Sen. John C. Danforth (R-Mo.) today called on Japan to increase dramatically its purchases from abroad, saying failure to do so could start the breakdown of the international trading system on which its present prosperity is built.

"Now is the time for a self-satisfied Japan-as-Number-One generation to learn that there's more to leadership than flooding the world with Walkmen and VCRs," he said in a speech to the Foreign Correspondents Club of Japan.

"No other nation contributes so little to the open trading system of the world, in proportion to what it gains," he said. " . . . Japan is a great country. It should begin to act like one."

Danforth, visiting Japan with five other U.S. senators, said Japanese leaders agree on the need for change. But he said he was "fairly pessimistic" that Japan would be able to make the needed changes.

He said Japan's estimated $50 billion trade surplus with the United States in 1985 "fosters a resentment and growing hostility that threatens political consequences as well. . . . In the United States, public support for free trade has collapsed."

He called on Japan to continue limiting automobile exports to the United States after a program that holds them to 2.3 million vehicles a year expires at the end of March. Japanese officials told him they had made no decision yet, he said.

Danforth said efforts so far to solve the trade imbalance have been "mostly talk." He said he would withhold judgment on negotiations on telecommunications, which the United States and Japan concluded last week and declared a success. Danforth, sponsor of a bill seeking reciprocity in the telecommunications trade, said there are no tangible results yet. "I've learned from experience never to claim victory before the numbers are in," he said.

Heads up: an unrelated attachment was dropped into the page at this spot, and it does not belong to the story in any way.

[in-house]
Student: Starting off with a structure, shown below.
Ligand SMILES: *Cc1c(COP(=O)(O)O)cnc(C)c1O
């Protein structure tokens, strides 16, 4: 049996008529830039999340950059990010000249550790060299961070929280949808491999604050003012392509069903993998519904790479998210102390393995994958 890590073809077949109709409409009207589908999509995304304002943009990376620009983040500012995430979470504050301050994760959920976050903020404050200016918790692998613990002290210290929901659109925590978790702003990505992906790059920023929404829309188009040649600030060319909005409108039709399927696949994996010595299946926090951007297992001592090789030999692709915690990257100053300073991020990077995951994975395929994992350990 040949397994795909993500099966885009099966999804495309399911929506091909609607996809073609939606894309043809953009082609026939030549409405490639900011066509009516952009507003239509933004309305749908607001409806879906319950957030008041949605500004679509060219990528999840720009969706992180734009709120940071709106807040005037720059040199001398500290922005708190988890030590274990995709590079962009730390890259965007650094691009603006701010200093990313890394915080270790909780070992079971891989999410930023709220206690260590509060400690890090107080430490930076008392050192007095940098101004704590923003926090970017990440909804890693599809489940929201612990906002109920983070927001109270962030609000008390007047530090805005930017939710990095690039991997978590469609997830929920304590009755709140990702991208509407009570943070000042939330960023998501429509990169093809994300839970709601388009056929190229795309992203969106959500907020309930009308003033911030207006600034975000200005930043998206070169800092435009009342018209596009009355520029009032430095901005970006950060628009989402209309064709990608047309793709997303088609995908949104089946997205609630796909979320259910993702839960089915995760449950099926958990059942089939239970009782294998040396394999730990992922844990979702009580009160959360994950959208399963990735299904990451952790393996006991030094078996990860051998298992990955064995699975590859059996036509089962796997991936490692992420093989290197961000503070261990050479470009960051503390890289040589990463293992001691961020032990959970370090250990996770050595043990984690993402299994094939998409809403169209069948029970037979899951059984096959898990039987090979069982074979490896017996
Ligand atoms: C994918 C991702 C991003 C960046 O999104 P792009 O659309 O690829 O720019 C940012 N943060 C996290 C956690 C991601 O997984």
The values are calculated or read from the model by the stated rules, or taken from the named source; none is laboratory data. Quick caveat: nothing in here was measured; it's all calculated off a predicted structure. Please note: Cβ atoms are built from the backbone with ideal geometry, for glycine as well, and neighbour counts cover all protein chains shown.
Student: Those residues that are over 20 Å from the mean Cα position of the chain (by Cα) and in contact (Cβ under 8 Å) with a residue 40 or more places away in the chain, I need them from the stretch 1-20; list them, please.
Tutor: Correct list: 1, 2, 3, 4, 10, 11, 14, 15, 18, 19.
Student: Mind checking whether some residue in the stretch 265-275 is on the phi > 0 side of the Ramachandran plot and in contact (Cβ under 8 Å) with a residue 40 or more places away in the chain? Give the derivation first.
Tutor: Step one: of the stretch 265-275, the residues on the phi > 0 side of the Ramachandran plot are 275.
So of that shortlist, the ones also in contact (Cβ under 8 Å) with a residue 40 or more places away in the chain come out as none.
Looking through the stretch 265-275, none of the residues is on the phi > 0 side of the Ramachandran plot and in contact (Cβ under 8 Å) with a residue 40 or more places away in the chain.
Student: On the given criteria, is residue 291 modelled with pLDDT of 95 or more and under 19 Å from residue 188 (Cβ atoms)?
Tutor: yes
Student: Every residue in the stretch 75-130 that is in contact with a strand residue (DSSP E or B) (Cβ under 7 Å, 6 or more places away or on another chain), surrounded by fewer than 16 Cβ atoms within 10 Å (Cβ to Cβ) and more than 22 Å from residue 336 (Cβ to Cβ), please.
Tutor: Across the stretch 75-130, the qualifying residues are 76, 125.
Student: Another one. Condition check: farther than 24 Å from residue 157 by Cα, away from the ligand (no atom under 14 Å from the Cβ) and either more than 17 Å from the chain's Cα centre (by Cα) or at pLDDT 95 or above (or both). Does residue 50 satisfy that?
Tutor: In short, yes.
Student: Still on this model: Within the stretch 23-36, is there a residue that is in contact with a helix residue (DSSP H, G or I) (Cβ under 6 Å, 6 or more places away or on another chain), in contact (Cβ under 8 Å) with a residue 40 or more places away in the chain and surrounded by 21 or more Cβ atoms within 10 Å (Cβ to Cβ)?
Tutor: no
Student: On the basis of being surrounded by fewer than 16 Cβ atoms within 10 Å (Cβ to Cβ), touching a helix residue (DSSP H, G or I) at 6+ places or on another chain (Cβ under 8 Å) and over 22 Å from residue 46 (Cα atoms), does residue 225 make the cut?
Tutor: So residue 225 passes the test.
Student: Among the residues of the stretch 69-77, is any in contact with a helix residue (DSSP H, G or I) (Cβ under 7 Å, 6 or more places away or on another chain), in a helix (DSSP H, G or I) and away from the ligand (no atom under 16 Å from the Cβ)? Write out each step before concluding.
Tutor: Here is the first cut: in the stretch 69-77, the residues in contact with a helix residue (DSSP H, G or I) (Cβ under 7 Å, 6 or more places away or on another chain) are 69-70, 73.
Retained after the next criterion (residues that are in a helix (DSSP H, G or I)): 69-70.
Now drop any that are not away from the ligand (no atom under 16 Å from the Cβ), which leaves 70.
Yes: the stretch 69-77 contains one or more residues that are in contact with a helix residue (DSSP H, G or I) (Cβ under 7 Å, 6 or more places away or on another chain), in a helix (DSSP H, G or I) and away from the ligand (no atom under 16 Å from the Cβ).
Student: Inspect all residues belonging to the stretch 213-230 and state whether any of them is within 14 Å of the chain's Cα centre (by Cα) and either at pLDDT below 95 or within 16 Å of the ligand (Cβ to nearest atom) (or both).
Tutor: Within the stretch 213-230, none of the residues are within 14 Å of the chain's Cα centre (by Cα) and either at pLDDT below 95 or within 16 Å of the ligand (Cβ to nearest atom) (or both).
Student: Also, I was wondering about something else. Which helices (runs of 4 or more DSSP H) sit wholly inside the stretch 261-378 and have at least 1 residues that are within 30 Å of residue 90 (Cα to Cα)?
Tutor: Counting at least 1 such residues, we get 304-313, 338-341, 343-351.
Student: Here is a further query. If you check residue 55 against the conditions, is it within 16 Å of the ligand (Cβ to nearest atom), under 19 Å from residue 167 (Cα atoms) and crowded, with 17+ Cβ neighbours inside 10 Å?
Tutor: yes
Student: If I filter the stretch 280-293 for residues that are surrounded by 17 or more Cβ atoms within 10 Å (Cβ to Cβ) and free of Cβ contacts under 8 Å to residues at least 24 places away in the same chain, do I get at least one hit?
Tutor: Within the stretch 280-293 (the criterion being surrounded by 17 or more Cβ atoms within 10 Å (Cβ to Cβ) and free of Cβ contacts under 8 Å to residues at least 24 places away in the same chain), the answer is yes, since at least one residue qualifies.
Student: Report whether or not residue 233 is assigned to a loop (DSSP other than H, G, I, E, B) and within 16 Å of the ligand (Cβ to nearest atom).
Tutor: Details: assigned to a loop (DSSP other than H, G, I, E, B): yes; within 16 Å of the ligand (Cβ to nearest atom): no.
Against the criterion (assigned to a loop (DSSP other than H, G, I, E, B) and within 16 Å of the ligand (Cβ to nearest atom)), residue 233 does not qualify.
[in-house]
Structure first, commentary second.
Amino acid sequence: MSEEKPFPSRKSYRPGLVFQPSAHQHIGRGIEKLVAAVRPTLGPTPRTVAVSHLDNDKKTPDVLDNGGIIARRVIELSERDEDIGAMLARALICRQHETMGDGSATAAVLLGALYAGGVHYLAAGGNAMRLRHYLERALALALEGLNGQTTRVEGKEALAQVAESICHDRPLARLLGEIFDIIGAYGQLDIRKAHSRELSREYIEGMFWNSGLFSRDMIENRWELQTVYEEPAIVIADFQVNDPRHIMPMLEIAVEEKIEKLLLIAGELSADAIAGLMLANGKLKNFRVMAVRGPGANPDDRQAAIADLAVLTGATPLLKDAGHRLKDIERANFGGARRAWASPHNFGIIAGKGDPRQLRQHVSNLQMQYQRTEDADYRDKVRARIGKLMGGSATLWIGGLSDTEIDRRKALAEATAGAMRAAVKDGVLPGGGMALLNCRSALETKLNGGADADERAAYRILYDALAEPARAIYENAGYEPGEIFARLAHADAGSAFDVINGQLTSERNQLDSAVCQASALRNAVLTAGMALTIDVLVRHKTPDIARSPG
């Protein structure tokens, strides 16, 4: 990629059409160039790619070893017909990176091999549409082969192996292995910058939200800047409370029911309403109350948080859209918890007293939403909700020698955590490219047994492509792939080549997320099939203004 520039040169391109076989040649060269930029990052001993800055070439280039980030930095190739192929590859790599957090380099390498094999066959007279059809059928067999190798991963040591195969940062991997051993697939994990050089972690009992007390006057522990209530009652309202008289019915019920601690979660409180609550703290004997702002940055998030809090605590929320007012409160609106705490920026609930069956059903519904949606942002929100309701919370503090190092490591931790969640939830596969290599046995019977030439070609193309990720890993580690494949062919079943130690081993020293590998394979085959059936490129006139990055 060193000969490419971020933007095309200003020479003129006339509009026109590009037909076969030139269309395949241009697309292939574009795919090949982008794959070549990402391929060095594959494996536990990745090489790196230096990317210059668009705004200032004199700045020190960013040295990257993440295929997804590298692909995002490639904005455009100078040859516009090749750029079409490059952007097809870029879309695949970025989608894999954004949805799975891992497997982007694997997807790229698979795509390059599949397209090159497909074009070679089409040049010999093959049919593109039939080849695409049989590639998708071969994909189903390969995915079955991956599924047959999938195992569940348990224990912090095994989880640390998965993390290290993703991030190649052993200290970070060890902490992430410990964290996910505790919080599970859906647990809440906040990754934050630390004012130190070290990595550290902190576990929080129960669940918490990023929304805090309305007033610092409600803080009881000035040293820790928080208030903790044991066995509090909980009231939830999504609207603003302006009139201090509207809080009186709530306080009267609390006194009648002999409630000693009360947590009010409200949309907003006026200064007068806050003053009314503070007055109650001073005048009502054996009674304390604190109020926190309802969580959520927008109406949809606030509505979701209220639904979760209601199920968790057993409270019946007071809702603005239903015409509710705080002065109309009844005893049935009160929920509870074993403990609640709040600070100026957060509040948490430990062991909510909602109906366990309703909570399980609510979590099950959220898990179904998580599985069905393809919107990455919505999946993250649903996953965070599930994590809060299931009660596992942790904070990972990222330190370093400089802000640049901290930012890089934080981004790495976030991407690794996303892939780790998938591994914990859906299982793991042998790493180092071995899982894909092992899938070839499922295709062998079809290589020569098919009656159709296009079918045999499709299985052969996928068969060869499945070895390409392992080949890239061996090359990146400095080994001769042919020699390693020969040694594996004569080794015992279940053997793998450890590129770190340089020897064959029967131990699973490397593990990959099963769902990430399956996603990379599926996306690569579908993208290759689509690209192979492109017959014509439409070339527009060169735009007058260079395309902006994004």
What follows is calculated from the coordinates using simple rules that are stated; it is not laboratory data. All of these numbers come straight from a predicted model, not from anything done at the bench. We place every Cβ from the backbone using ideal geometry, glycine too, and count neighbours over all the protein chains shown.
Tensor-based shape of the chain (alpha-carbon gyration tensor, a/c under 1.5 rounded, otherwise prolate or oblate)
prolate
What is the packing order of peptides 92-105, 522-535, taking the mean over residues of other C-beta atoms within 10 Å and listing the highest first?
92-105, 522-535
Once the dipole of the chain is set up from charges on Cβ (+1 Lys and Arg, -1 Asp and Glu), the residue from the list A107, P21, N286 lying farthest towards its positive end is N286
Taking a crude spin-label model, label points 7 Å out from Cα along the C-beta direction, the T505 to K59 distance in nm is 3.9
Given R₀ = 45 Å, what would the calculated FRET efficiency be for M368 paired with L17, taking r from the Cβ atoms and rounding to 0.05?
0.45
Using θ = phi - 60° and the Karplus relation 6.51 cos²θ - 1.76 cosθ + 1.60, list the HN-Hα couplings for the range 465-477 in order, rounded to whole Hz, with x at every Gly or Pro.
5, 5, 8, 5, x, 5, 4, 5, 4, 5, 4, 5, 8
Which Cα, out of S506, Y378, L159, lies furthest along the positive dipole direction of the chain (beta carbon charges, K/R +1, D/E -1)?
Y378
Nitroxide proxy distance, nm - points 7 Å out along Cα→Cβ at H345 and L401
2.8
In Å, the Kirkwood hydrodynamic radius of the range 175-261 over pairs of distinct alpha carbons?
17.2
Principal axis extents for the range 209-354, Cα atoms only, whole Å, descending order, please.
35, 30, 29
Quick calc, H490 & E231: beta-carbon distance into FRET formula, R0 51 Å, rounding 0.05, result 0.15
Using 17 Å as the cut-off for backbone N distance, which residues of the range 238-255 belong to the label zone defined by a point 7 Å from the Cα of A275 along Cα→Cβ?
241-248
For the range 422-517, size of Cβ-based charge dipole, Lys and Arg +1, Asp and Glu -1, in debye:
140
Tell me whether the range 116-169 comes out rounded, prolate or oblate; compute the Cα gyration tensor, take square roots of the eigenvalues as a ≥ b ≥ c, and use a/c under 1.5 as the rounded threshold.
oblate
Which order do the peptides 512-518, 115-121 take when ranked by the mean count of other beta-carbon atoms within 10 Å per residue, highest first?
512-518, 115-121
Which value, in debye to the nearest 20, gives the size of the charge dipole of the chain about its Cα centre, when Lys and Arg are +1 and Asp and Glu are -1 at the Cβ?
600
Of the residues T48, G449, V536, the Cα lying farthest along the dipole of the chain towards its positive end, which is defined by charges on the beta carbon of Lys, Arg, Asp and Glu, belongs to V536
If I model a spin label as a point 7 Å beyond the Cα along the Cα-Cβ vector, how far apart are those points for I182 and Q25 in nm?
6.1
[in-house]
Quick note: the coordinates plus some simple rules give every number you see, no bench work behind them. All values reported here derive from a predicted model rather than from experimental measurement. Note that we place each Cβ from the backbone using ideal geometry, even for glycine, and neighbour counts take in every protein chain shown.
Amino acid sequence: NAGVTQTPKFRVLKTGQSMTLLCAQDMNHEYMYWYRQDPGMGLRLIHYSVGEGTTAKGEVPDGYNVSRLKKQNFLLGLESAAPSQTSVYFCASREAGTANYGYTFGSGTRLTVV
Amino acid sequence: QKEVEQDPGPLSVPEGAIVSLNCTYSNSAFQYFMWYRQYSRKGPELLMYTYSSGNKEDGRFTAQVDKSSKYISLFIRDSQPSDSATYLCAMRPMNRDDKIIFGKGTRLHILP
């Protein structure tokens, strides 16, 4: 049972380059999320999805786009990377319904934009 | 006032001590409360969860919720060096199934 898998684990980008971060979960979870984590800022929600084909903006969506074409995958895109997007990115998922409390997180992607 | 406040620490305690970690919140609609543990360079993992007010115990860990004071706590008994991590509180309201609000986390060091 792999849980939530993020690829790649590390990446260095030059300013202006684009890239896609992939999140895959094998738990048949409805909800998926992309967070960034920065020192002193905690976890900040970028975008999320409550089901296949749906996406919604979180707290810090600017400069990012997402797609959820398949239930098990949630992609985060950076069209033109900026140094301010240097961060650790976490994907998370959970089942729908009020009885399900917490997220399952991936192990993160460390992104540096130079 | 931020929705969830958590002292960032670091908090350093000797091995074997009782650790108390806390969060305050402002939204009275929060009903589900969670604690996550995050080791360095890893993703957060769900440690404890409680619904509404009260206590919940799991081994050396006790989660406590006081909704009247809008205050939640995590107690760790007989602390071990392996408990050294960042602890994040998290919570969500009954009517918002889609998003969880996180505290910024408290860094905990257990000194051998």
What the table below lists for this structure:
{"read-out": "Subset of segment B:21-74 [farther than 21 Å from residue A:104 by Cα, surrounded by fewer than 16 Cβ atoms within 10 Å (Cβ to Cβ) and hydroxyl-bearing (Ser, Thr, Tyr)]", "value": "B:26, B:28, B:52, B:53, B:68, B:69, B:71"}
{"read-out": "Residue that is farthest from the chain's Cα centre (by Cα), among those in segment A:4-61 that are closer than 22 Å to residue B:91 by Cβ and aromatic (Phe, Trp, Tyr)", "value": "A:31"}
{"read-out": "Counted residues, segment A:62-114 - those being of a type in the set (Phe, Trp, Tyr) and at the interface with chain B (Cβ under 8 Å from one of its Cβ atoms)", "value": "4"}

Reagan administration officials say the telecommunications talks already have resulted in major new sales for U.S. companies.

Danforth made no specific proposals for how Japan should go about increasing its imports. But he praised proposals to step up Japan's domestic economy, which many analysts feel would draw in more foreign products.

He said a reasonable goal for Japan would be to double its imports of manufactured goods and processed agricultural products in three to five years. He said that manufactured goods account for only 25 percent of Japan's total imports compared with 64 percent for the United States.

Danforth and the delegation arrived in Japan Friday. They have conferred with Prime Minister Yasuhiro Nakasone and other Japanese leaders.

Because of his influence on trade issues, Danforth and his remarks are being monitored closely by the Japanese as a barometer of congressional sentiment for action to curb their sales to the United States.

Japanese officials maintain that their country is already an essentially open market. But they say foreign companies often fail in Japan because of poor product quality and marketing aggressiveness.

Concerning charges that Japan is flooding the world with its products, they argue that exports occur only if foreign consumers want to buy Japanese products.

Danforth said the United States could help to brighten the international trade picture by controlling the federal budget deficit and improving its product competitiveness. But he said that, under the current system, meeting those goals still would have little effect because Japanese barriers would keep them out.

"Japan imports only what it cannot produce itself," he said. " . . . The world trading system cannot long function when its second-largest economy abdicates its responsibilities. Because of its size, a Japanese economy that formally or informally remains closed threatens the openness of the system itself."